What is an epidural?
An epidural is the injection of anesthesia medication into the epidural space of the lower back and most often involves the placement of a continuous catheter. This procedure can also include a local anesthetic block, a narcotic, and/ or an epidural steroid injection. There are several types of epidurals that are used to stop the transmission of pain along the nerve pathways.
- Continuous Epidural Analgesia or Patient Controlled Epidural Analgesia (PCEA) - Epidural analgesia delivers anesthetic medication to nerves within the epidural space in the vertebra. Your physician places a small tube or catheter so medication can be administered throughout surgery and beyond for comfort. Depending on the medication the patient is getting, they may experience mild, moderate or even significant leg weakness while the epidural is in effect. If weakness is anticipated or expected the patient will be asked to remain in bed during the course of the epidural, or the epidural will be adjusted to facilitate ambulation.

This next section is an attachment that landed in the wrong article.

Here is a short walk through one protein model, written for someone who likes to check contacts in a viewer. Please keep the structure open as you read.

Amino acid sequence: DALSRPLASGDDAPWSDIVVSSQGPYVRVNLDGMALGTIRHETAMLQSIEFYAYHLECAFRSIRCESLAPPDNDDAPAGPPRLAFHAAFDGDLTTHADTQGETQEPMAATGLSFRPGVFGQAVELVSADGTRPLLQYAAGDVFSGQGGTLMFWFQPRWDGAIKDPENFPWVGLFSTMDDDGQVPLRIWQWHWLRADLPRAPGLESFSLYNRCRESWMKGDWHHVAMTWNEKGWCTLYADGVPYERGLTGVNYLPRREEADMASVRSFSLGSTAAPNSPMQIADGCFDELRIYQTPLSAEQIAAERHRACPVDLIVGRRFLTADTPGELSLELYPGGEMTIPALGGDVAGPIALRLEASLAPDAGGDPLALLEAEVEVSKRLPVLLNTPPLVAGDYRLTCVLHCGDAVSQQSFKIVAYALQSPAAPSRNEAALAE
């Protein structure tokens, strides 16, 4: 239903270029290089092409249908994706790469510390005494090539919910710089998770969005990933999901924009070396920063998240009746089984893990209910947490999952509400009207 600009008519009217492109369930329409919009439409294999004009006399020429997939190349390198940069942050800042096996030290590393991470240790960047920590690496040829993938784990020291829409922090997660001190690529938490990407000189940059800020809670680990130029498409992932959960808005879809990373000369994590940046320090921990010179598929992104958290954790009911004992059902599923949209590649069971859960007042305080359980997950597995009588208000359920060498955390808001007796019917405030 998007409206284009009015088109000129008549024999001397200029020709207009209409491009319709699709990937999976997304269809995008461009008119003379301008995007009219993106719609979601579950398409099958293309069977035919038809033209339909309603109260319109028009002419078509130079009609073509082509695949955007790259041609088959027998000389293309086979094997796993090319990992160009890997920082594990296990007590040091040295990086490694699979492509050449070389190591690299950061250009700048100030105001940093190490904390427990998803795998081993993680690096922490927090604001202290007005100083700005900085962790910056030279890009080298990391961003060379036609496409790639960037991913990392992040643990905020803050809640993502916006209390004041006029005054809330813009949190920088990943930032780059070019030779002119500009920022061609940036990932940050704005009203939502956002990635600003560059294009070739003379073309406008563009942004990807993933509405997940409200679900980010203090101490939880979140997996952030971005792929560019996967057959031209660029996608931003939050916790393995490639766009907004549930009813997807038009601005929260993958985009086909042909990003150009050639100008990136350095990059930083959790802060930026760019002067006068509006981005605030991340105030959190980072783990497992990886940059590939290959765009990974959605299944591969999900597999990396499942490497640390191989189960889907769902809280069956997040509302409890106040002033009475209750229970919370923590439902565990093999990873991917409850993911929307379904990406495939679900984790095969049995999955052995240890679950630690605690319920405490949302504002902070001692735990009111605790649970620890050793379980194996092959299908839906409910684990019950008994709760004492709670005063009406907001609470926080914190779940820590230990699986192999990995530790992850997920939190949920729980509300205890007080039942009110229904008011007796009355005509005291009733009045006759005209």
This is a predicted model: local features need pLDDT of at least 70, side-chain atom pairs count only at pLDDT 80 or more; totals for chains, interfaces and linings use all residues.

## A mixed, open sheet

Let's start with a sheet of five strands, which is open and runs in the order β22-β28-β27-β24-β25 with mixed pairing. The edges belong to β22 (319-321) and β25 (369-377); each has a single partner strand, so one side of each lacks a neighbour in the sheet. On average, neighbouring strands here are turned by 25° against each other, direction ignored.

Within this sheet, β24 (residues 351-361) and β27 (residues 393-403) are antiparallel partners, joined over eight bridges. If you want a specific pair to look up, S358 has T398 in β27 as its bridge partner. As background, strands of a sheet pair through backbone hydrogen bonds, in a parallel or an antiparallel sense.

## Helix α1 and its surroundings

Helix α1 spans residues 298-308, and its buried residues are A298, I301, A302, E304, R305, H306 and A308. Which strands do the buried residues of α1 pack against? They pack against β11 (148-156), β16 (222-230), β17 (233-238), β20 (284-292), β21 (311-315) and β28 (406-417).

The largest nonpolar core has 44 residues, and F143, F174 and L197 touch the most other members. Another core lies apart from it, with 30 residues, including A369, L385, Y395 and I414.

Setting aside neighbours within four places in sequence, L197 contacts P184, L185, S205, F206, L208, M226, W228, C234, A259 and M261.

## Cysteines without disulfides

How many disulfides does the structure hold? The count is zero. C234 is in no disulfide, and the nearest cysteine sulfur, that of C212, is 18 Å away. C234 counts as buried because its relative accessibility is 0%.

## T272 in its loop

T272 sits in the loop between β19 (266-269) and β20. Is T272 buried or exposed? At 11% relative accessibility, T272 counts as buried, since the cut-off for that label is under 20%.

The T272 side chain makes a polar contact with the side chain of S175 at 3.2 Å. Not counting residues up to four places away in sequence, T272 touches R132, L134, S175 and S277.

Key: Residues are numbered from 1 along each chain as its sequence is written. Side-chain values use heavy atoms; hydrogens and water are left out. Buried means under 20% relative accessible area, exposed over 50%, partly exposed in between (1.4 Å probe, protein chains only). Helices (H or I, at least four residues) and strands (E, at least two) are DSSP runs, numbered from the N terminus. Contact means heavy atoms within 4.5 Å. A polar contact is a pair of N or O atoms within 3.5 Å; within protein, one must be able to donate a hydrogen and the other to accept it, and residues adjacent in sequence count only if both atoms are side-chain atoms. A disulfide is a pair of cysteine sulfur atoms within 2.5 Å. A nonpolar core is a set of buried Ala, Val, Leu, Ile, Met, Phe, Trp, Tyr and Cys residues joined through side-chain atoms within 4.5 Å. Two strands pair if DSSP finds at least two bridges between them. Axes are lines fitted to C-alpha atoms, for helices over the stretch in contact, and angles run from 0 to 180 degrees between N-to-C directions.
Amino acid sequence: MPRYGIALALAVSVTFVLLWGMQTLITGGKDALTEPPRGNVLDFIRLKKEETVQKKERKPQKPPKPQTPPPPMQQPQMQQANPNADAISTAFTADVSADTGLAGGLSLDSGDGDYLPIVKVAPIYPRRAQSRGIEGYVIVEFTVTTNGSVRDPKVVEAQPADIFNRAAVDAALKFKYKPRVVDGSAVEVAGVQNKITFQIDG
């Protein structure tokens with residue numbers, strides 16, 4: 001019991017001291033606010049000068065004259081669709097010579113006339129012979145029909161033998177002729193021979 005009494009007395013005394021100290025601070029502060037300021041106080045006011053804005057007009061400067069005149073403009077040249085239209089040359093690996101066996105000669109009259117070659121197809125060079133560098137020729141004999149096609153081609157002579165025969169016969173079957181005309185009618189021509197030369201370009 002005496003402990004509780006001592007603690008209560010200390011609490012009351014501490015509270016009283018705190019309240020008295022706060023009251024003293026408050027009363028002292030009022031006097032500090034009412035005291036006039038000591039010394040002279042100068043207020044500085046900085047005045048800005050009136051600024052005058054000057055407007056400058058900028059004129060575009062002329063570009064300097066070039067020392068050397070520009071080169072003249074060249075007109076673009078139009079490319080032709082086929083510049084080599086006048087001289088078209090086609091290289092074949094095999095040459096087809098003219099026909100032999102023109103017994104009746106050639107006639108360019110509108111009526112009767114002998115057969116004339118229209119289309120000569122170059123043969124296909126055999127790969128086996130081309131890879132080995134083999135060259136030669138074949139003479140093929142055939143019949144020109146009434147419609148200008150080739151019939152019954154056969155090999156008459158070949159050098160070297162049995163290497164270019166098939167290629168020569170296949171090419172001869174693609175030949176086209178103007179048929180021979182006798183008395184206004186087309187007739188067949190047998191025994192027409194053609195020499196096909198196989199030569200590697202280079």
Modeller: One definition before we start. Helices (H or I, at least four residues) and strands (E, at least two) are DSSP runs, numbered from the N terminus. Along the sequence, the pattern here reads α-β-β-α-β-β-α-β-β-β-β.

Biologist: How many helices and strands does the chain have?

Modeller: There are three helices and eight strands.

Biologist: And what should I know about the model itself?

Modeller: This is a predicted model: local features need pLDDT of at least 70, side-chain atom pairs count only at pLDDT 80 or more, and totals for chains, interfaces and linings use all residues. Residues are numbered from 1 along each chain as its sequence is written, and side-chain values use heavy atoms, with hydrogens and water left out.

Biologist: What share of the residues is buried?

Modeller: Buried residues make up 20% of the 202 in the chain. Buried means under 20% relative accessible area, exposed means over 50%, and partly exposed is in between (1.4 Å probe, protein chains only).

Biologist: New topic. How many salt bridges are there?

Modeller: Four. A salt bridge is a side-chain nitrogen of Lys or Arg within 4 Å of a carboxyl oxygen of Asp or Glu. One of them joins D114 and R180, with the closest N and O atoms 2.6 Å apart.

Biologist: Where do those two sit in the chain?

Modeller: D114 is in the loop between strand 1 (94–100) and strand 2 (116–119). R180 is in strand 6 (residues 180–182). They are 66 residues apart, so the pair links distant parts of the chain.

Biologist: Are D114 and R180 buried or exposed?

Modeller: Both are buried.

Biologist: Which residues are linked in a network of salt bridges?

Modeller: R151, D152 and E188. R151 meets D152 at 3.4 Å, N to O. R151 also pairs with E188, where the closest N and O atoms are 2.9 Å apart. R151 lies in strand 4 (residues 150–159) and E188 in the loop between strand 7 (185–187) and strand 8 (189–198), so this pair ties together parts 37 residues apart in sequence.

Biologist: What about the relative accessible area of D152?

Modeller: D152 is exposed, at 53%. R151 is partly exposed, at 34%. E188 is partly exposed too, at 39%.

- Frequently the patient can be given control over the dosing mechanism just as with the IV PCA. We call this technique the patient-controlled epidural analgesia, or PCEA. This type of pain control is particularly well suited for chest, abdominal or pelvic surgeries, and childbirth.
- Walking Epidural - The walking epidural provides pain relief for early labor and for periods following surgical procedures. Medications delivered through a catheter are quite effective but do not numb or weaken the legs or lower abdomen. This epidural is an analgesic rather than an anesthetic because its purpose is to reduce pain, not eliminate all sensation.